As for the Ruby language, from this tiny vantage point, it seems as popular
as ever. I'm encountering new users all the time, both live and on-line.

As for the mailing list, I couldn't say what is causing such a downturn in
posts. Lots of possibilities, including the existence of more general Q&A
places such as stackoverflow. IRC still seems rather popular, there's still
lots of traffic on Freenode's #ruby and #rubyonrails channels, although IRC
still seems to suffer from the rather unfortunate "Welcome to the Internet"
problem.

As for me, I'm having the most fun writing in Ruby these past several
years; the last time I remember having this much fun was way back in the
late 70's writing Lisp.



On Tue, Jul 1, 2014 at 1:35 AM, Lars Mai <lars.mai / kontinui.de> wrote:

> Am 30.06.14 17:47, schrieb Xavier Noria:
> > I have the impression that MLs globally decline, as Usenet did :(. No
> idea
> > why, and no idea whether it is actually true, but hey why not throw a
> > conjecture, huh? :)
>
> I think Stackoverflow may contribute to that, at least for MLs like
> this. It is generally considered good practice to at least do a web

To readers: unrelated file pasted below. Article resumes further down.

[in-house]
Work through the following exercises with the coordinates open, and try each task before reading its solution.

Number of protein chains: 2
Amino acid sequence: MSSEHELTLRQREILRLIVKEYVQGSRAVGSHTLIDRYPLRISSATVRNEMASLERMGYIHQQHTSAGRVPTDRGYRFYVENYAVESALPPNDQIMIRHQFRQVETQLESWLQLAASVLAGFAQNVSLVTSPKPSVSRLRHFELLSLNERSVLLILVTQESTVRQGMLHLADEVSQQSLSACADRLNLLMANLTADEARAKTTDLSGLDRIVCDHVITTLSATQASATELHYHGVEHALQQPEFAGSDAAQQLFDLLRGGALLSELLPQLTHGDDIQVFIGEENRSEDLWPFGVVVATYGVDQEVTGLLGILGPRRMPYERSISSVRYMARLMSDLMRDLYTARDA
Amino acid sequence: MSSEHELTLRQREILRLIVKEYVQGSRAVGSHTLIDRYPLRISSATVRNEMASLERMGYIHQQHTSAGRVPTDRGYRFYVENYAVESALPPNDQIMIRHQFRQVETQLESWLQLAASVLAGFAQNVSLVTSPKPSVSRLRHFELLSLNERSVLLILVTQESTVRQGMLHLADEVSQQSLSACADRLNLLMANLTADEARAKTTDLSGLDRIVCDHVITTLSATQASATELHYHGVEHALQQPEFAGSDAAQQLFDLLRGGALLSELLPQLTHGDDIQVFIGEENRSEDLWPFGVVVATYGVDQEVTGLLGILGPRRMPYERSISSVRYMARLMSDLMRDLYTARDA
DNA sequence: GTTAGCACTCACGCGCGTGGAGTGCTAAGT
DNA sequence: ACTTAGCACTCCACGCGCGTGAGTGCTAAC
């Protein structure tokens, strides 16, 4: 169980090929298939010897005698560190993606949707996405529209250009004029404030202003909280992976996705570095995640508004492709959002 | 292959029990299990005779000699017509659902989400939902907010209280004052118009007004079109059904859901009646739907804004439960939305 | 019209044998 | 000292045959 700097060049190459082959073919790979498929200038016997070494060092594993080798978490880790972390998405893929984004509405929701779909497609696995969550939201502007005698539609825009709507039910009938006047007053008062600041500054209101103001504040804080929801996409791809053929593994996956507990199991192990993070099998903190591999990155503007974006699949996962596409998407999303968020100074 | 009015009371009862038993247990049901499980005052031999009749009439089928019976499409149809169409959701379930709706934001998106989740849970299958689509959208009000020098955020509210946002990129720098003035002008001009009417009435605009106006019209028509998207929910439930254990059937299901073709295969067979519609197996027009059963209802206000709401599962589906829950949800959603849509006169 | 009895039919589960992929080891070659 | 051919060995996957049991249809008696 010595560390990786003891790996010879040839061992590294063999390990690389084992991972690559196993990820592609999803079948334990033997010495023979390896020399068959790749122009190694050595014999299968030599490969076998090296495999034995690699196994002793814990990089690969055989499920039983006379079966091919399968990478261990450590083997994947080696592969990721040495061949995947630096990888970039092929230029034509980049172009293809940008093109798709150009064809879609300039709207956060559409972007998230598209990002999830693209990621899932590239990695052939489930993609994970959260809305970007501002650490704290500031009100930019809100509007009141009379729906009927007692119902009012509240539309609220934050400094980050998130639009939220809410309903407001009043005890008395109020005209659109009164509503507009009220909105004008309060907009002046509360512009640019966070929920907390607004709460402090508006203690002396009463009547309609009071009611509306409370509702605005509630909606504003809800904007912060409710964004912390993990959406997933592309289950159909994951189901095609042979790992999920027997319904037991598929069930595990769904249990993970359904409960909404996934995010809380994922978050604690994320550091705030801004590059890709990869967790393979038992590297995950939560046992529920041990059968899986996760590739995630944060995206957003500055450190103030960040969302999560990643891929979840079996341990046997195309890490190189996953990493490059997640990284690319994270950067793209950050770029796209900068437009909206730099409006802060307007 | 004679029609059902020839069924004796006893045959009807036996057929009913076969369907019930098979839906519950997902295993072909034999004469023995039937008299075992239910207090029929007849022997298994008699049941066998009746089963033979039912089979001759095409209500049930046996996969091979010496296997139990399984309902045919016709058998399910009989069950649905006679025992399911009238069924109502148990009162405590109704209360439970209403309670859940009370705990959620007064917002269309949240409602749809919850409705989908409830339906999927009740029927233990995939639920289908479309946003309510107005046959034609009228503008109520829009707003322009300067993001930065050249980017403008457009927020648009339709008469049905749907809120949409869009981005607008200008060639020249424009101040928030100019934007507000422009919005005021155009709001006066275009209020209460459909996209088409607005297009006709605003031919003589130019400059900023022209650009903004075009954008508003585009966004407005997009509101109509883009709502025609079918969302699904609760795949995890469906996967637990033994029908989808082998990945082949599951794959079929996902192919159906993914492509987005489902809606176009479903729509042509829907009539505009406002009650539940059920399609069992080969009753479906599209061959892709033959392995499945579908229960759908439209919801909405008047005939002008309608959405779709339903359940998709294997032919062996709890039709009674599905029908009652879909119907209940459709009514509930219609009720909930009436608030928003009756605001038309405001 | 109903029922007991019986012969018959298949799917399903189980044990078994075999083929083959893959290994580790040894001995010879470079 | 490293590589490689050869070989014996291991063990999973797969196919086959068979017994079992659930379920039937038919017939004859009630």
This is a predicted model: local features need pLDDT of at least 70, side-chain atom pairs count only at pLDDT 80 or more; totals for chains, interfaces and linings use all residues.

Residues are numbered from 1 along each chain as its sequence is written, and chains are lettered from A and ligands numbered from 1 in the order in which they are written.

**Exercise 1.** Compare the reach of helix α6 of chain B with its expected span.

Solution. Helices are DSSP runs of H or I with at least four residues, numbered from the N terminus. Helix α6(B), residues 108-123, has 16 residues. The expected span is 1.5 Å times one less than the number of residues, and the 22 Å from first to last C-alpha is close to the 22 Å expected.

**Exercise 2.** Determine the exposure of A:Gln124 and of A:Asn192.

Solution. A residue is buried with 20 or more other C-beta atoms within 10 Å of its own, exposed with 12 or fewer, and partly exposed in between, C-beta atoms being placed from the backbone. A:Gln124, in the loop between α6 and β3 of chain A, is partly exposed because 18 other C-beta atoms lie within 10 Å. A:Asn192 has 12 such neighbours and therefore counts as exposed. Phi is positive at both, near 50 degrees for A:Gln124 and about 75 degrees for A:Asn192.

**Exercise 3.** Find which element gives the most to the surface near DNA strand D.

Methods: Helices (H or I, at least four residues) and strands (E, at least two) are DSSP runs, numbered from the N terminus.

> search for a solution to a problem before posting the question to the
> mailinglist. SO in my experience has often come up with either the
> solution or a pointer in the right direction, so that posting the
> question on ruby-talk wasn't needed anymore.
>
> Also I have the impression that some or most of the more fundamental
> discussions about the ruby language itself has shifted to ruby-core or
> specific redmine tickets.
>
> And then of course Twitter is even more common these days than it used
> to be 6 years ago.
>
> I actually don't think that this is specifically bad (or good) - it may
> just be that communication habits have changed, and more specific tools
> have evolved.
>
> What I see as a excellent niche for the ML is announcements and
> discussions about new or updated libraries, maybe as a place to converge
> development or receive feedback and pointers to something useful. Which
> is why I'm not bothered at all by the [ANN] posts that are so prevalent
> these days here.
>
> My 2 cents,
>
> - Lars
>
>